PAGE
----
April 2004 Archives

Every April 13, in commemoration of Thomas Jefferson's birthday, the Thomas Jefferson Center releases a list of recent abridgments ("Muzzles") of free speech in America. The 2004 Muzzles list contains several incidents involving the suppression of political dissent:

A Michigan high school demanded that a student remove a t-shirt critical of Bush

CBS moved “The Reagans” miniseries to Showtime so fewer people would get upset by it

CBS refused to air an anti-deficit ad during the Super Bowl

The Baseball Hall of Fame disinvited Susan Sarandon and Tim Robbins (both anti-war activists) from the “Bull Durham” celebration

The Secret Service continues to demand that criticism of Bush can only occur in out-of-view “free speech zones”

The South Carolina House of Representatives declared the Dixie Chicks' comments “un-American”

The Muzzles have been awarded to individuals and groups across the political spectrum, with the common thread being intolerance of free speech. It's disheartening to realize how many people seem to have forgotten McCarthyism, and persist in propagating the attitude that if they don't like - or understand - something, it must be “unpatriotic” or “un-American.”

It is true that the majority of the cases cited do not constitute censorship in the traditional sense of governmental prohibition, but de facto censorship by economic force often occurs when a handful of corporations (such as CBS) control the public airwaves. The range of “acceptable” speech continues to narrow as alternative voices disappear from the airwaves, from the halls of government, from schools, and eventually from memory.

Thanks for reading.


Quote of the Day:

“Any departure from absolute regimentation may cause trouble. Any variation from the majority’s opinion may inspire fear. Any word spoken, in class, in the lunchroom or on the campus, that deviates from the views of another person, may start an argument or cause a disturbance. But our Constitution says we must take this risk…”

Supreme Court Justice Abe Fortas, Tinker v. Des Moines, 393 US 503 (1969)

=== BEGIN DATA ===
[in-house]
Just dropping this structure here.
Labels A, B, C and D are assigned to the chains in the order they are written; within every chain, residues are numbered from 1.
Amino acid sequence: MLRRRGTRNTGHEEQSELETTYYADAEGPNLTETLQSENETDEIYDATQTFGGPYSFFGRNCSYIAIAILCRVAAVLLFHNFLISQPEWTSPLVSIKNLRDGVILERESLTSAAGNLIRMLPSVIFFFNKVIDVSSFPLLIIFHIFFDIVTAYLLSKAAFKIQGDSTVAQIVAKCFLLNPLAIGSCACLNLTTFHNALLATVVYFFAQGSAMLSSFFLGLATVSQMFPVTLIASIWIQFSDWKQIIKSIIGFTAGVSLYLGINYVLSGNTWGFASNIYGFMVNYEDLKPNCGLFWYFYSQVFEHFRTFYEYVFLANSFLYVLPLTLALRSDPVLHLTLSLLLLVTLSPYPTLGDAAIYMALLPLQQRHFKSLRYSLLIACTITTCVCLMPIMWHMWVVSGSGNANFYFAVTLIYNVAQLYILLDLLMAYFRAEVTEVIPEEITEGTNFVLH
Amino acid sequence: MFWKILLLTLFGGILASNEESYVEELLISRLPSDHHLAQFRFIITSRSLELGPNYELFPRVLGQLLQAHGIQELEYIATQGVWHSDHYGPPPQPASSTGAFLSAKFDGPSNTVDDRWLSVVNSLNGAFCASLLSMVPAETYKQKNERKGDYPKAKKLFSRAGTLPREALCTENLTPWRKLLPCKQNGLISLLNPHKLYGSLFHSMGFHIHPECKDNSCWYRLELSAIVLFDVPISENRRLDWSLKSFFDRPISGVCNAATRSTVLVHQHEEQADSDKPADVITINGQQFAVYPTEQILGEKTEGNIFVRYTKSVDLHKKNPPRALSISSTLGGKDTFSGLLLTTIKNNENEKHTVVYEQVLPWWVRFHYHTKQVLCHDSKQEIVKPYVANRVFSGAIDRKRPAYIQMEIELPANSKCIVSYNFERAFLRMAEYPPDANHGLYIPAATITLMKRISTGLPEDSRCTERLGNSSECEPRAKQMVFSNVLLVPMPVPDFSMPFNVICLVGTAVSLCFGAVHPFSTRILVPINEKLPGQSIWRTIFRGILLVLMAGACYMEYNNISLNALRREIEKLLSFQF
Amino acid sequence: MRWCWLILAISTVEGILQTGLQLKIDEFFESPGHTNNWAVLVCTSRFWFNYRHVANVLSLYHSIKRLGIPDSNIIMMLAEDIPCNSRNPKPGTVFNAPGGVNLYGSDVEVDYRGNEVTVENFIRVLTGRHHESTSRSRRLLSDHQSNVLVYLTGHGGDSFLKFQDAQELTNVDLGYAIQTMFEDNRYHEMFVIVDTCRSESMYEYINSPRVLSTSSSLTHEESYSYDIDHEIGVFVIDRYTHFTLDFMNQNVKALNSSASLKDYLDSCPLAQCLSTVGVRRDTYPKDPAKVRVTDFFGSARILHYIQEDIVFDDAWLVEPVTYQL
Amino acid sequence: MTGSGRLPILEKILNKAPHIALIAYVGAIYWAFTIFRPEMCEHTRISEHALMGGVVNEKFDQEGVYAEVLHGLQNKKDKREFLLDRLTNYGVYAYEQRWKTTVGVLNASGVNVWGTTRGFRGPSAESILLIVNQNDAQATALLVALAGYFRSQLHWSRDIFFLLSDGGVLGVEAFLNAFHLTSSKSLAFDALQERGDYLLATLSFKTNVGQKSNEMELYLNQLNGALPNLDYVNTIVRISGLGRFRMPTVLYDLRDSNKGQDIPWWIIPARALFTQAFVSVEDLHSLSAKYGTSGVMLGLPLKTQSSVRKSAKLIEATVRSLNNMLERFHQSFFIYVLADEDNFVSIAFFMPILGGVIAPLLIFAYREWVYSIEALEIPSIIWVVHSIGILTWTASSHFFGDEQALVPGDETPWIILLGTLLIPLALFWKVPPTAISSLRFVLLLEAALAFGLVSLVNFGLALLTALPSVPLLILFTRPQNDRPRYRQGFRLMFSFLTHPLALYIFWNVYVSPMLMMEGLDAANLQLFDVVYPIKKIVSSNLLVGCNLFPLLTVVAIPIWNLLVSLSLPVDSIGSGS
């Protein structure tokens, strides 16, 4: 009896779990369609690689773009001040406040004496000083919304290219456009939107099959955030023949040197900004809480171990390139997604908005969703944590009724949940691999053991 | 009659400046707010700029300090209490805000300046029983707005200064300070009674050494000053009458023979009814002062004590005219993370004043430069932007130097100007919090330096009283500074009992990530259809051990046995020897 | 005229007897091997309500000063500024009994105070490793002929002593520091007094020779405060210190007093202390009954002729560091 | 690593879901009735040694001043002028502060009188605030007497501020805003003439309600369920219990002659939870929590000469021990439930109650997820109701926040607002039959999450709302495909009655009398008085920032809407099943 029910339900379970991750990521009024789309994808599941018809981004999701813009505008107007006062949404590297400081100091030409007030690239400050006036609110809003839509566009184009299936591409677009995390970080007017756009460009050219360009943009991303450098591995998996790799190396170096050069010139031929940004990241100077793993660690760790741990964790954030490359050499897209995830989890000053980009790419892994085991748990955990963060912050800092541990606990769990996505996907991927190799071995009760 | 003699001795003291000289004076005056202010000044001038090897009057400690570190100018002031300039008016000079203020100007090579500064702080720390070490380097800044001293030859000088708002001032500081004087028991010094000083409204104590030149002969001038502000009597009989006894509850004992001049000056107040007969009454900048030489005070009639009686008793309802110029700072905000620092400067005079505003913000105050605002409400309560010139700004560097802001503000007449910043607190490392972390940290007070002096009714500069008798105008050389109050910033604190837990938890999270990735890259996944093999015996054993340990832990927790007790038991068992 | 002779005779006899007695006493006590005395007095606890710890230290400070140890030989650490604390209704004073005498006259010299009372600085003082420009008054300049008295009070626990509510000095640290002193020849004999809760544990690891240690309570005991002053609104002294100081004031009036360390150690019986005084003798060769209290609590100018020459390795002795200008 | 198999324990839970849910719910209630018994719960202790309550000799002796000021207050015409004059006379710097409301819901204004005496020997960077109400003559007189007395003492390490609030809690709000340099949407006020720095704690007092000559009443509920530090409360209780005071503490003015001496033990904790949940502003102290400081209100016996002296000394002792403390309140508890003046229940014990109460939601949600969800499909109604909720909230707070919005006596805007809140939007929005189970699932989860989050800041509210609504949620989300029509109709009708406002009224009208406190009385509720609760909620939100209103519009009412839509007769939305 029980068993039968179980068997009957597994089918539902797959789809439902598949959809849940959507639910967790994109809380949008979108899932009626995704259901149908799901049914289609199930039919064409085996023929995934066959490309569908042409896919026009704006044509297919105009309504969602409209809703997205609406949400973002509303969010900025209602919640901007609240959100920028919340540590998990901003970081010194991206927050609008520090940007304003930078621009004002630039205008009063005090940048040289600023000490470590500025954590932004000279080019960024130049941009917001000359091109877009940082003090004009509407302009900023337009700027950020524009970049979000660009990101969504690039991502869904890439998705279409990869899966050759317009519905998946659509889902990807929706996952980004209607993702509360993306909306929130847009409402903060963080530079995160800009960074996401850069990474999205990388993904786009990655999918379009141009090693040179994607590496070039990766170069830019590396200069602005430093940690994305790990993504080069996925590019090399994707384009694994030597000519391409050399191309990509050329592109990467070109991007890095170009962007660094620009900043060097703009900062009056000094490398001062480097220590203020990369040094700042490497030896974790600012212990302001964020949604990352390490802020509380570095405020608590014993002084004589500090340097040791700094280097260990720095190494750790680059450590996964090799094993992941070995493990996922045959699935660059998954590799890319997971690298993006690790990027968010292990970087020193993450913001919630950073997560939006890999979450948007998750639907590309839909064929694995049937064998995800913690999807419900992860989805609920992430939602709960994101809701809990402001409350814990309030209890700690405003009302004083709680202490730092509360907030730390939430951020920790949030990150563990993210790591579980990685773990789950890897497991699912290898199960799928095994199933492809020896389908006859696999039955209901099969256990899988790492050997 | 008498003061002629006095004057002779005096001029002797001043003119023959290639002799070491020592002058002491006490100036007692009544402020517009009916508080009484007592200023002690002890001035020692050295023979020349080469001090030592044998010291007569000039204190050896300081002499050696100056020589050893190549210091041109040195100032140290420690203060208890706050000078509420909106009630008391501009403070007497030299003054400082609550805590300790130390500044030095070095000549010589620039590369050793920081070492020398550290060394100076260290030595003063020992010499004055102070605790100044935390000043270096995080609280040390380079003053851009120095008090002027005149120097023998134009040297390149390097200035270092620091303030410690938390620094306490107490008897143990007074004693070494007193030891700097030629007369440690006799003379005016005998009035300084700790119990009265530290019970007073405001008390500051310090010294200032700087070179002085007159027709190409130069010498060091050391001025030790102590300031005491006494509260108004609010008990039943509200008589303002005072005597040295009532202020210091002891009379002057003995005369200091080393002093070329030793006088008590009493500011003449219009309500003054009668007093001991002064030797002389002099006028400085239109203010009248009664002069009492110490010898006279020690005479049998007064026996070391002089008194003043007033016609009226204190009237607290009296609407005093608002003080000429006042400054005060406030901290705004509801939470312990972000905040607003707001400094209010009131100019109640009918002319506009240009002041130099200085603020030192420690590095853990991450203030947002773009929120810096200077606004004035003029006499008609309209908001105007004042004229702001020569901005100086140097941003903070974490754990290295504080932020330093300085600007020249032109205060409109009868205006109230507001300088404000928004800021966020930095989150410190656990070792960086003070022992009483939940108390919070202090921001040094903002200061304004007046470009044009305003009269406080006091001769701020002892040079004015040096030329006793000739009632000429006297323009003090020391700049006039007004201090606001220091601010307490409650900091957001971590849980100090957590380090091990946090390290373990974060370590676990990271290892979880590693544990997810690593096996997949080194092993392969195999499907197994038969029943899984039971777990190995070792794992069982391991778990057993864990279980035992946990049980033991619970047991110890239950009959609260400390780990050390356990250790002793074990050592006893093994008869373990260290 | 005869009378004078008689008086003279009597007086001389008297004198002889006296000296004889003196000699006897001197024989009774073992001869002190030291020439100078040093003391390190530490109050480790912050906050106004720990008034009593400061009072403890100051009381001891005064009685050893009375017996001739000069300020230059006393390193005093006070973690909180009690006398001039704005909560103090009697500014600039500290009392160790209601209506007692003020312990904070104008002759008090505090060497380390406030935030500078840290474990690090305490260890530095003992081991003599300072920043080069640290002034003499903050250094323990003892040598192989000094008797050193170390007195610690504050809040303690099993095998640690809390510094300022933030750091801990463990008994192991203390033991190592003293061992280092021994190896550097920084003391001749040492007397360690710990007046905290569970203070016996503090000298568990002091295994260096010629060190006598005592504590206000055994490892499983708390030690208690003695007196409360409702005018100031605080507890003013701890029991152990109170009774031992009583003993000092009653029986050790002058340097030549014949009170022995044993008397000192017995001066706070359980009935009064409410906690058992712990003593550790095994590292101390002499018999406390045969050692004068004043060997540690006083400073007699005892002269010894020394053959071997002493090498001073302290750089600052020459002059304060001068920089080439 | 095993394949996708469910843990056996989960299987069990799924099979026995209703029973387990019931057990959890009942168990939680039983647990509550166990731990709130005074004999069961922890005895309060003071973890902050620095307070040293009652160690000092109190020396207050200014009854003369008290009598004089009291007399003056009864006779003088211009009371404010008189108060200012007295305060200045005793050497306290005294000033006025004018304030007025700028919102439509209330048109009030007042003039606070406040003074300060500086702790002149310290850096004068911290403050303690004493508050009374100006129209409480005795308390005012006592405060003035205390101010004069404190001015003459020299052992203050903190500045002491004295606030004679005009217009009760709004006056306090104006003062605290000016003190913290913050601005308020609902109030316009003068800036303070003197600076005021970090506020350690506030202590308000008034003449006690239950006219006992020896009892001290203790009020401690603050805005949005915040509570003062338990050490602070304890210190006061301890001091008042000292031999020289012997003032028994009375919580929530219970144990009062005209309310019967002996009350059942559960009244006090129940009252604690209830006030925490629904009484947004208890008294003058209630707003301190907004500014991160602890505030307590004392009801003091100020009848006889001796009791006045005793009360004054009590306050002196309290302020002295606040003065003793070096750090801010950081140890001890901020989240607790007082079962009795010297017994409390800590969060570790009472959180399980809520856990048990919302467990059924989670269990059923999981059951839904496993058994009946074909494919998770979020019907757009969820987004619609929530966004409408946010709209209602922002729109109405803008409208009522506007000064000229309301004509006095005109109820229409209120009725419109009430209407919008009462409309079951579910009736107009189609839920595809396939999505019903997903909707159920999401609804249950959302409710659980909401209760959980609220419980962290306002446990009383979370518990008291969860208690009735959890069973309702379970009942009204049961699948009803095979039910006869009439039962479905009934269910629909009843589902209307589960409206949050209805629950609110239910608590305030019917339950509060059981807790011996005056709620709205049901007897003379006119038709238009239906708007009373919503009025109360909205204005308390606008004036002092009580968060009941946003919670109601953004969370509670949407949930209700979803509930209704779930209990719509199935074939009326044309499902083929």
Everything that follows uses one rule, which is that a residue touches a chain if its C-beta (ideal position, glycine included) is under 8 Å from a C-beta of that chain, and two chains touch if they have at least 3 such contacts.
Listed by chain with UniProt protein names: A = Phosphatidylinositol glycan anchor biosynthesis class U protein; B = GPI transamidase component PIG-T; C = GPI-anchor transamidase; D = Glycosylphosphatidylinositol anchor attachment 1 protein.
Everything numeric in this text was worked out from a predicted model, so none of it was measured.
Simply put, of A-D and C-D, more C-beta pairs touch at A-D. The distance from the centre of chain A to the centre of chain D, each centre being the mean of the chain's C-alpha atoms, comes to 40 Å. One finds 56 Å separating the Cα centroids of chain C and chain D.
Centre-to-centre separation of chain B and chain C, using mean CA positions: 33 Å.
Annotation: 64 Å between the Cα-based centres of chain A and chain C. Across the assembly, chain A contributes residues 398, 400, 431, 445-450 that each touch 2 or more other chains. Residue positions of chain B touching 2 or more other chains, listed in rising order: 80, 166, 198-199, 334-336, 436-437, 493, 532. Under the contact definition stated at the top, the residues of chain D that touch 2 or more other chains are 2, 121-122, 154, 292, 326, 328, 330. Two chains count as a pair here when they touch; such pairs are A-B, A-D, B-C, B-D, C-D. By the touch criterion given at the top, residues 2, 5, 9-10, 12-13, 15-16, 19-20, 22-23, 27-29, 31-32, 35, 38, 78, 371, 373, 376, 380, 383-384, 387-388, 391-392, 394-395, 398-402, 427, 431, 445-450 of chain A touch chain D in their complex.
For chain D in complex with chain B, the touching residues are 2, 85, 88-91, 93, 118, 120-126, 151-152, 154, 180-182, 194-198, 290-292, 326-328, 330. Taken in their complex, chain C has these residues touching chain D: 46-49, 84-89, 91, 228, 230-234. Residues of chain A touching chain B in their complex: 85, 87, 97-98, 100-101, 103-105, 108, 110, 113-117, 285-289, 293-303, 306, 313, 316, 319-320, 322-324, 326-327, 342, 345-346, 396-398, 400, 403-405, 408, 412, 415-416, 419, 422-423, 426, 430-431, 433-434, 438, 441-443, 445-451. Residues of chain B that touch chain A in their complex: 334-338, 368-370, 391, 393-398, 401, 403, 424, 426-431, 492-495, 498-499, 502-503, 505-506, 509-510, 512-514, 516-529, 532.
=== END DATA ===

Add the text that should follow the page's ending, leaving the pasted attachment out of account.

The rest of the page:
UPDATE: A reaction to my summation of the 2004 Muzzles:

The Muzzles have been awarded to individuals and groups across the political spectrum, but the only examples given are those intended to show Republicans, or conservatives, as the bad guys. That is certainly not fair and balanced.

My response:

True, I’m not “fair and balanced”...but I don’t pretend to be, either.

The people on this list are shown to be “the bad guys” by their own actions; the Thomas Jefferson Center and I merely think that their misdeeds are worth noting. I do not consider it very surprising that, given GOP/conservative control of the federal government and the vast majority of the media, that most abuses of power would be theirs. (It is, after all, difficult to abuse power that one does not possess.) Without their abuses of power, far fewer Muzzle awards would be awarded.

Whoever is abusing the power of an office (elected or otherwise, from whatever party or ideology) is going to be in my line of fire (figuratively). Maybe the most prominent target will change after Election Day...but maybe not. My primary concern is with a healthy debate, which can’t happen when the rich/powerful/well-connected can silence others. The suppression of a few voices can coerce the rest into thinking that opening their mouths isn’t worth the risk. In today's political climate, silent complacency is far more dangerous to our polity than outright censorship.

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This page is an archive of entries from April 2004 listed from newest to oldest.

March 2004 is the previous archive.

May 2004 is the next archive.

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